1/3 tsp salt
1 tbsp Worchestershire sauce
1 tbsp ketchup
pinch nutmeg, reduces smell of pork
couple of pinches of black pepper
1 egg

Coating
flour
1 egg, beaten
Panko

Side dish
thinly shredded cabbage
rice
sliced tomatoes

Combine ground beef with everything, except the sauteed onion, by hand until sticky. It will be a very soft mixture. Add the onions. Mix again for 3-5 minutes. If it seems too wet, you can add a bit of bread crumb but it shouldn’t be necessary.

Shape into 4-6 evenly sized patties. If the meat mixture is very sticky, you may oil your hands lightly to prevent that. Throw the meat patty from one hand to the other to firm up the patty by eliminating excess air.

Coat with flour (be gentle so the patty doesn’t fall apart), dip into beaten egg to coat and then generously roll in the Panko bread crumbs.

Shallow fry at 350 deg F about 2 1/2 min on each side.

(Strain and reuse the oil for stir frying.)

Serve with tonkatsu sauce, as part of a complete meal or “set”, or include in a bento lunch.

Delicious with a bowl of miso soup, a side of ramen noodles and steamed broccoli.

Convenience Food: Instant Ramen Noodles

I haven’t been a university student in a LONG time but I have been known to buy the occasional package (or six) of those instant ramen noodles for single serving soup or just to use the noodles inside for some other dish. Like these ramen burger buns or as a side (dragon noodles) for chicken patties.

In anticipation of a long period of minimizing grocery shopping outings, I decided to stock my pantry with a selection of the noodles for quick meals. I was amazed at the variety of noodles available… Japanese, Indonesian and South Korean.

You can always eat them simply as a soup or fried noodle, especially the Indonesian Mie Goreng brand, but with some imagination, and a selection of toppings, you can almost make something nutritious. I limit myself to one package a week. Eggs (ramen or plain soft boiled) are a common topping as are fresh green onions. Fried onions add a crunchy texture. Pretty carrot flowers add both colour and nutrition.




Chicken Karaage (Japanese Fried Chicken)

In my last post about the rice burger options, I mentioned chicken karage, or “Japanese fried chicken”. Karaage is characterized by its very light coating of potato starch, or cornstarch or even just all purpose flour, before deep frying. It differs in that way from the heavier breading in that other, classic, fried Japanese dish, the cutlet or katsu. In Japan, skin-on chicken thighs are preferred for their juiciness and taste.

Knowing how much I don’t like frying, it took a long time to get psyched up enough to make this dish. And, it was mainly driven by the fact that I had made a batch of fried donuts earlier and wanted to use up the oil for a second time before recycling it. (But that’s another story.)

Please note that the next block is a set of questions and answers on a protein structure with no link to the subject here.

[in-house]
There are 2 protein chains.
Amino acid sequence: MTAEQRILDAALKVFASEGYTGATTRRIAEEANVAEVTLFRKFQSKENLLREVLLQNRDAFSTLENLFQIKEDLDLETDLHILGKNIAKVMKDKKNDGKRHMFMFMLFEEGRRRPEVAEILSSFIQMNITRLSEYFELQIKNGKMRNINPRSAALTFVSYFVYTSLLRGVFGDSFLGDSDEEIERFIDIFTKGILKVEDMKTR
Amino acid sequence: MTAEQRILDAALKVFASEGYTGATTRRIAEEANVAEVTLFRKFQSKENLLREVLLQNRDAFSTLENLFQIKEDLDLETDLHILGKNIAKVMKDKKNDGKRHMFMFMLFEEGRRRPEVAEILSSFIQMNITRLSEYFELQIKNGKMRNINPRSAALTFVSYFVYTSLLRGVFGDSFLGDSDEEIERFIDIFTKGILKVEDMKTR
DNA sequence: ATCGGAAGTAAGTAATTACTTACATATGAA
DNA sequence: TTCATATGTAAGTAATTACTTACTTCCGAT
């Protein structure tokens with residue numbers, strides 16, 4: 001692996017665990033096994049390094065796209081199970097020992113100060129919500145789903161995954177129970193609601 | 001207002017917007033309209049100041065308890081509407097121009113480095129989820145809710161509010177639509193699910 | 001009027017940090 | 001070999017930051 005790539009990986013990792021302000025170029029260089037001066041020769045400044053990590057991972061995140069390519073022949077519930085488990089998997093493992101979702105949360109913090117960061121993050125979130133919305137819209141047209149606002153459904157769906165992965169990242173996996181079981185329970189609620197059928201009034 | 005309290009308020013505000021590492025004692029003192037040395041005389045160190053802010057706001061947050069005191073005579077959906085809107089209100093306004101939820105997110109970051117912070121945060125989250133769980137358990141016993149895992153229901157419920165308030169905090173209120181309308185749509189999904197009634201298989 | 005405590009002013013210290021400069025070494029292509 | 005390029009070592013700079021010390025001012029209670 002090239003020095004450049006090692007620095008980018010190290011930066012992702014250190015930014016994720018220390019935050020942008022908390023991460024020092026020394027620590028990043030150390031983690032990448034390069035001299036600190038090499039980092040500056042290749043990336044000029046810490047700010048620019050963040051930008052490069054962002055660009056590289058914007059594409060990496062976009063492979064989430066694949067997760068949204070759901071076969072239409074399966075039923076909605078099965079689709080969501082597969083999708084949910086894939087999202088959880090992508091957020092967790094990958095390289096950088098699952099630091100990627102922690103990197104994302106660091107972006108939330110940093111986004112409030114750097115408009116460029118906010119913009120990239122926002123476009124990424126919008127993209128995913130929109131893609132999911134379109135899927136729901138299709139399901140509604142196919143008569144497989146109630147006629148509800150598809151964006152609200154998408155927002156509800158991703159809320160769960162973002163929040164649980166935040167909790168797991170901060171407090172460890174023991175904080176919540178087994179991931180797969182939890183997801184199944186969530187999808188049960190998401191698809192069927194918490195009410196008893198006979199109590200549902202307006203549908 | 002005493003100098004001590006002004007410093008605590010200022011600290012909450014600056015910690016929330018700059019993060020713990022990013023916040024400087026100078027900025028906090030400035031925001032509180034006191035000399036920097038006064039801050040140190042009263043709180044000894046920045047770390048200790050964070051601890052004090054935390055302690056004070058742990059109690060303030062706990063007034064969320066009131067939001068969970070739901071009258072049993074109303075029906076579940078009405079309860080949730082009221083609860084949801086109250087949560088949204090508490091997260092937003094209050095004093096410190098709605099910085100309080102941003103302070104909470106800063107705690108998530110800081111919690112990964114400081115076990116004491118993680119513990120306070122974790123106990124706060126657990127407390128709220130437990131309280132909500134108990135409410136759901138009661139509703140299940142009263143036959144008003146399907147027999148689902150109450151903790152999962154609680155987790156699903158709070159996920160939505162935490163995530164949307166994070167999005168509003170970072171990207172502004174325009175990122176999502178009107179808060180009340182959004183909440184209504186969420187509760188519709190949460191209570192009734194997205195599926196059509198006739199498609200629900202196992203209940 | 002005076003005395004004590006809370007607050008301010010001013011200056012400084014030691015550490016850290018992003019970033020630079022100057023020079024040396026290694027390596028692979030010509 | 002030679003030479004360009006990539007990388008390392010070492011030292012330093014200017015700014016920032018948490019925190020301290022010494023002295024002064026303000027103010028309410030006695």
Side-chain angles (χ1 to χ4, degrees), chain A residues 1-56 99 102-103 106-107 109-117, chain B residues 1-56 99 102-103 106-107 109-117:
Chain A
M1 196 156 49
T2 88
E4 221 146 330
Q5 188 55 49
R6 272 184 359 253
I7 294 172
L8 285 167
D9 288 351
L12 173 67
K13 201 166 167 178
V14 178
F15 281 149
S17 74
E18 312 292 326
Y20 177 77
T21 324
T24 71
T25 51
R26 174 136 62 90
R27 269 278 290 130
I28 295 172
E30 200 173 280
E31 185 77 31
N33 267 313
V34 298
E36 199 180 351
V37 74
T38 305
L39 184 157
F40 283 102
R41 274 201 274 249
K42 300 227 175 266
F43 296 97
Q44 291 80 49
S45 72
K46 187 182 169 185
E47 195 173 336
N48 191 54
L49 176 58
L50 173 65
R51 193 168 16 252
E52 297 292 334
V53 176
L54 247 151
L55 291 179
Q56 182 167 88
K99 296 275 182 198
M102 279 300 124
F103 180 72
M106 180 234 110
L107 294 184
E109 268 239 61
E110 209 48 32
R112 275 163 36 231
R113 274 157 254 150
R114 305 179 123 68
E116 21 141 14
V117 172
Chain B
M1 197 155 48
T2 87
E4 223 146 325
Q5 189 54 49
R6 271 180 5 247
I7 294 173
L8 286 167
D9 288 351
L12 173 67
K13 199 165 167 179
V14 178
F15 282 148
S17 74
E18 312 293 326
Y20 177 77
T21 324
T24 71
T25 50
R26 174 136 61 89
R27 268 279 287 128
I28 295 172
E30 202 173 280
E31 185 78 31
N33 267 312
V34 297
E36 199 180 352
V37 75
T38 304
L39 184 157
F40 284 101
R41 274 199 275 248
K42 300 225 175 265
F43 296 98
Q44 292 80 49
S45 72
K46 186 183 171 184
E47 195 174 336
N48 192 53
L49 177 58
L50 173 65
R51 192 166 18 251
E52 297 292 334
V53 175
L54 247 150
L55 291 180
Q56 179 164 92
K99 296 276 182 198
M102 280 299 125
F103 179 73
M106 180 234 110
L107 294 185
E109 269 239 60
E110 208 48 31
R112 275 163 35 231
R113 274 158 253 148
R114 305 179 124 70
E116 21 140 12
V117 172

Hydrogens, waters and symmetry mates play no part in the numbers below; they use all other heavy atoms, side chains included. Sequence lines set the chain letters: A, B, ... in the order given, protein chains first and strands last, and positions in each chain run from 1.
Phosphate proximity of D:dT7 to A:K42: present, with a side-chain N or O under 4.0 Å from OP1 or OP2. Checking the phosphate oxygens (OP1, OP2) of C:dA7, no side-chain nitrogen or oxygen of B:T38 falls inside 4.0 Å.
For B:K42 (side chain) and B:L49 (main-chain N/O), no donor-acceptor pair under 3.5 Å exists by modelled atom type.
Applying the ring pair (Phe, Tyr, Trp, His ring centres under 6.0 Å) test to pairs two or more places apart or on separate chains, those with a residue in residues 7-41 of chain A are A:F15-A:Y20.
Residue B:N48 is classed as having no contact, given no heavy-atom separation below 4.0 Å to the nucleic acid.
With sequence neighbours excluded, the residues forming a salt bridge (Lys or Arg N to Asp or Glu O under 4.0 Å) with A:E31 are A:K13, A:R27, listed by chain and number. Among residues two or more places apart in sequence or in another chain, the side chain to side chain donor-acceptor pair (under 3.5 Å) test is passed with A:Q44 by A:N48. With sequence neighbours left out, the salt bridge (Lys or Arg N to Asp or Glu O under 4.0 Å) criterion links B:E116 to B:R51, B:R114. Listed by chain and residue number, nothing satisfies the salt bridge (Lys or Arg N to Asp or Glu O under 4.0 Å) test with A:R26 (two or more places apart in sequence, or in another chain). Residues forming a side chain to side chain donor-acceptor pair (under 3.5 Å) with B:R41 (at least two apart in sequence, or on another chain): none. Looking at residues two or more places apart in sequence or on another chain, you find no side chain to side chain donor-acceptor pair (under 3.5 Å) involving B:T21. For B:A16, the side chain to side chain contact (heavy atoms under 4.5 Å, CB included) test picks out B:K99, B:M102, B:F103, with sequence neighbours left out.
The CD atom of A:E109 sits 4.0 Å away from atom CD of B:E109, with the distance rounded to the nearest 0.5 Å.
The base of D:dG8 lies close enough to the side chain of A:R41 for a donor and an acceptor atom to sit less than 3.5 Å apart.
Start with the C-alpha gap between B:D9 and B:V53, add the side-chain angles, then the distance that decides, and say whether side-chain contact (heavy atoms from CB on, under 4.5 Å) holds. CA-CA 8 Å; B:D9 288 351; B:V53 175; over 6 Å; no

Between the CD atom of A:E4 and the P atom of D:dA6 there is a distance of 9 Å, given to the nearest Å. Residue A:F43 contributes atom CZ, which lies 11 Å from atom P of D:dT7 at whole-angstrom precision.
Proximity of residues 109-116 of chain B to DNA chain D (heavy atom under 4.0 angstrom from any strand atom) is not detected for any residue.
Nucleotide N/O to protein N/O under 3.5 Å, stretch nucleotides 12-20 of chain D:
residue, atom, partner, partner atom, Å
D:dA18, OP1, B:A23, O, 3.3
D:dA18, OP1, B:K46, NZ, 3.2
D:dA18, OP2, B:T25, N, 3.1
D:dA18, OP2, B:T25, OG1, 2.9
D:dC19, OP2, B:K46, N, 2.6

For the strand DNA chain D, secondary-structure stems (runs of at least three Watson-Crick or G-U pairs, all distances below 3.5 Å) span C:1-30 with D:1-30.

After watching some Youtube videos and researching a simple recipe that I thought I could manage, I finally did it. (PS: I passed on the recipe that required frying the chicken THREE times at differing temperatures. I wonder why?) This is the recipe I came up with after combining elements from several. I ‘borrowed’ the spicy mayo dip from the site cited.

Chicken Karaage – serves 2-4

4 boneless, skin on, chicken thighs (~1 lb/450 gm)
1/2-2/3 cup of cornstarch, or half cornstarch and all purpose flour
4 cups (~1 litre) vegetable oil, for frying

For serving

lemon wedges
mayonnaise, Japanese Kewpie mayo or Hellman’s are delicious

Chicken Marinade

3 tbsp soy sauce
2 tbsp sake
1 tbsp ginger juice (grate about 1-2 inches of fresh ginger and squeeze out the juice)
2-3 cloves of garlic, grated

Spicy Mayonnaise Dip/Sauce
recipe from the Just Hungry web site

1/2 cup of Kewpie Mayonnaise
3 tbsp Sriracha
3 tbsp soy sauce

Combine the dip ingredients and refrigerate.

In a large bowl, combine the marinade ingredients.

Cut up the thighs into fourths. Marinate the chicken thighs for at least 30 minutes, but less than 1 hr, as the salt in the soy sauce will draw out the moisture from the chicken and toughen it.

In a large bowl, add cornstarch. Drain each piece of chicken of marinade, one at a time, and evenly coat with the cornstarch. Shake off the excess cornstarch. Place coated chicken onto a clean dry plate and let dry for about 5 minutes before frying.

In a large container, suitable for deep frying, add the oil and preheat to 350 deg F. You want the oil level to cover the chicken by about an inch or an inch and a half.

Set up a plate with paper towels on it for draining/wicking the fat off the chicken before transferring the chicken to a wire cooling rack

When the oil is at the proper temperature, fry a few pieces of chicken at a time for 5-6 minutes total, turning after a few minutes. You want the chicken to be a golden brown colour and crunchy. Small bubbles may begin coming off the chicken as the fat in the skin begins to render out.

Remove the chicken pieces from the fat with a slotted spoon or wire scoop, shake for about 10 seconds to remove most of the oil and then place onto the paper towels for a few minutes, turning over to drain off both sides, then transfer to the wire rack.

Serve the chicken with a squeeze of lemon juice and dip into mayonnaise if desired.

I had some leftover karaage so I served it on top of leftover asparagus couscous with a drizzle of spicy mayonnaise on top.